- Threat actors are abusing the Run Script feature in Apple’s Xcode IDE to infect unsuspecting Apple Developers via shared Xcode Projects.
- XcodeSpy is a malicious Xcode project that installs a custom variant of the EggShell backdoor on the developer’s macOS computer along with a persistence mechanism.
- The backdoor has functionality for recording the victim’s microphone, camera and keyboard, as well as the ability to upload and download files.
- The XcodeSpy infection vector could be used by other threat actors, and all Apple Developers using Xcode are advised to exercise caution when adopting shared Xcode projects.
- SentinelOne Singularity protects against XcodeSpy. We also provide a simple method developers can use to scan their Xcode repositories for XcodeSpy in this post.
This year has brought two disturbing new trends into prominence: the targeting of developers and the use of supply chain attacks to infect broad swaths of customers. Targeting software developers is the first step in a successful supply chain attack. One way to do so is to abuse the very development tools necessary to carry out this work. In Jan 2021, Google TAG announced their discovery of a North Korean campaign targeting security researchers and exploit developers. One of the methods of infection entailed the sharing of a Visual Studio project designed to load a malicious DLL. In this post, we discuss a similar attack targeting Apple developers through malicious Xcode projects.
We recently became aware of a trojanized Xcode project in the wild targeting iOS developers thanks to a tip from an anonymous researcher. The malicious project is a doctored version of a legitimate, open-source project available on GitHub. The project offers iOS developers several advanced features for animating the iOS Tab Bar based on user interaction.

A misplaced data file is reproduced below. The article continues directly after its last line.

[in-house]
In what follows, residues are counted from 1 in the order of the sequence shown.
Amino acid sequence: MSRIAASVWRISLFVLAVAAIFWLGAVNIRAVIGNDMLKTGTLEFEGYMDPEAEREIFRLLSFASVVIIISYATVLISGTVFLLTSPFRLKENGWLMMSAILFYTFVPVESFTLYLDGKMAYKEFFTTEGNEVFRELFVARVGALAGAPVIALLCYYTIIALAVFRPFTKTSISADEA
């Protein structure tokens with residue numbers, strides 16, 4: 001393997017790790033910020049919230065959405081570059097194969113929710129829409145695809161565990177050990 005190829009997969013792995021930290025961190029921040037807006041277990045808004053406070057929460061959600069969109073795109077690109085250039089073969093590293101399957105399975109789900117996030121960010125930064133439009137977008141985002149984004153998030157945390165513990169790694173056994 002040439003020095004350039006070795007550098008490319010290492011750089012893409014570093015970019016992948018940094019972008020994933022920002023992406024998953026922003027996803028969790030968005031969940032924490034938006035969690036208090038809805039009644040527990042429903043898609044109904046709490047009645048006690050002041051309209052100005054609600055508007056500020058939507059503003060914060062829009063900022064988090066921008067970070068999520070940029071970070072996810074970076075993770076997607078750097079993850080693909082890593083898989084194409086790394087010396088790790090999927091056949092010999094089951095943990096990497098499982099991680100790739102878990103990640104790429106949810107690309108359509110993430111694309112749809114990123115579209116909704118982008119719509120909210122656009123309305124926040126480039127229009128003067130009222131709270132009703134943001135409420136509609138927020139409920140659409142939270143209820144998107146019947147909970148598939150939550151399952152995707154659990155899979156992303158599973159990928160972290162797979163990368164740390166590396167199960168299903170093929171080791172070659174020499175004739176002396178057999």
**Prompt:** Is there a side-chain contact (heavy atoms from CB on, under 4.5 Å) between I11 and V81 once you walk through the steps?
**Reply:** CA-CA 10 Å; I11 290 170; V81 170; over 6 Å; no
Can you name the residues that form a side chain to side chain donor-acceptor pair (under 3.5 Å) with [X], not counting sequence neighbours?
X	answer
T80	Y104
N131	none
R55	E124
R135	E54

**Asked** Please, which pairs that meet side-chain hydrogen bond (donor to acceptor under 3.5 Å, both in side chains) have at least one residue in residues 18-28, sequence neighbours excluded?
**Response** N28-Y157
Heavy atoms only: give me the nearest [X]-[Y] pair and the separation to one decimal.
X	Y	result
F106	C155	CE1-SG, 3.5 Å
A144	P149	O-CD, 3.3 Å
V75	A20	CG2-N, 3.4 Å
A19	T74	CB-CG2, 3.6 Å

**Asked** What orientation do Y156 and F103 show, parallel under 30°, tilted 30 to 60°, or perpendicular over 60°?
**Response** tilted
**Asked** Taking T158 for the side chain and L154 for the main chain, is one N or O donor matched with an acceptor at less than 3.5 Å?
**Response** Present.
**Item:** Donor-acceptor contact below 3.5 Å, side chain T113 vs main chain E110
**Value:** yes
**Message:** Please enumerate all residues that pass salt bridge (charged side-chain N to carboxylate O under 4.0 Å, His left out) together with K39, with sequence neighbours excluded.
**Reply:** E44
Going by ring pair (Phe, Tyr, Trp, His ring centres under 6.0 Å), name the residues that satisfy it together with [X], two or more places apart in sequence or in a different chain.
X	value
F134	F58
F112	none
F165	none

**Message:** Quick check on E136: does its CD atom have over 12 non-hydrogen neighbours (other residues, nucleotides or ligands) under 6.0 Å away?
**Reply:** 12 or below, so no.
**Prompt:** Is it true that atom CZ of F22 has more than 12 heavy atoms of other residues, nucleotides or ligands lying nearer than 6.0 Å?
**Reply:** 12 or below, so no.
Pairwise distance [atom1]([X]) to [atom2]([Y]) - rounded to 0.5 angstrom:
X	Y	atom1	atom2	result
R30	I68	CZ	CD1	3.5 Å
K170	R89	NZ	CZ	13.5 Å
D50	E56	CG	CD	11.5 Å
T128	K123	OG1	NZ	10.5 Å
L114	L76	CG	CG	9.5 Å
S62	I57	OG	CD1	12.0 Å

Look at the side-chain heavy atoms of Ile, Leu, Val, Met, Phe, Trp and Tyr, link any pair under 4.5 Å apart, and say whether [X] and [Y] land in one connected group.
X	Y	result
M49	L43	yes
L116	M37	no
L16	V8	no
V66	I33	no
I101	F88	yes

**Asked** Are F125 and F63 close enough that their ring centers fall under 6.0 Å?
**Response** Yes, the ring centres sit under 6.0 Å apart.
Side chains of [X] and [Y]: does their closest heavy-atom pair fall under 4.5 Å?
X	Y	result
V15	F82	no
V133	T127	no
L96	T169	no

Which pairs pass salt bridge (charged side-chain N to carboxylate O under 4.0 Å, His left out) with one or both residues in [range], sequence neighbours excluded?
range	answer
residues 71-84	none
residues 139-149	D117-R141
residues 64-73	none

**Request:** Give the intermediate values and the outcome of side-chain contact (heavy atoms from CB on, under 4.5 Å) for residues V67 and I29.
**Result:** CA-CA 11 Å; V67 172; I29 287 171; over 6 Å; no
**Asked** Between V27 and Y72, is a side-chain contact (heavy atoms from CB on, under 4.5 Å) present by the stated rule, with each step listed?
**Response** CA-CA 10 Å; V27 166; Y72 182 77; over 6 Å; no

The XcodeSpy version, however, has been subtly changed to execute an obfuscated Run Script when the developer’s build target is launched. The script contacts the attackers’ C2 and drops a custom variant of the EggShell backdoor on the development machine. The malware installs a user LaunchAgent for persistence and is able to record information from the victim’s microphone, camera, and keyboard.
We have discovered two variants of the payload, custom backdoors which contain a number of encrypted C2 URLs and encrypted strings for various file paths. One encrypted string in particular is shared between the doctored Xcode project and the custom backdoors, linking them together as part of the same ‘XcodeSpy’ campaign.
At this time, we are aware of one ITW case in a U.S. organization. Indications from our analysis suggest the campaign was in operation at least between July and October 2020 and may also target developers in Asia.
We have thus far been unable to discover other samples of trojanized Xcode projects and cannot gauge the extent of this activity. However, the timeline from known samples and other indicators mentioned below suggest that other XcodeSpy projects may exist. By sharing details of this campaign, we hope to raise awareness of this attack vector and highlight the fact that developers are high-value targets for attackers.
The simple technique for hiding and launching a malicious script used by XcodeSpy could be deployed in any shared Xcode project. Consequently, all Apple developers are cautioned to check for the presence of malicious Run Scripts whenever adopting third-party Xcode projects. We provide a simple method developers can use to scan their existing local Xcode repositories in the Detection and Mitigation section below.
Abusing Xcode’s Run Script Functionality
XcodeSpy takes advantage of a built-in feature of Apple’s IDE which allows developers to run a custom shell script on launching an instance of their target application. While the technique is easy to identify if looked for, new or inexperienced developers who are not aware of the Run Script feature are particularly at risk since there is no indication in the console or debugger to indicate execution of the malicious script.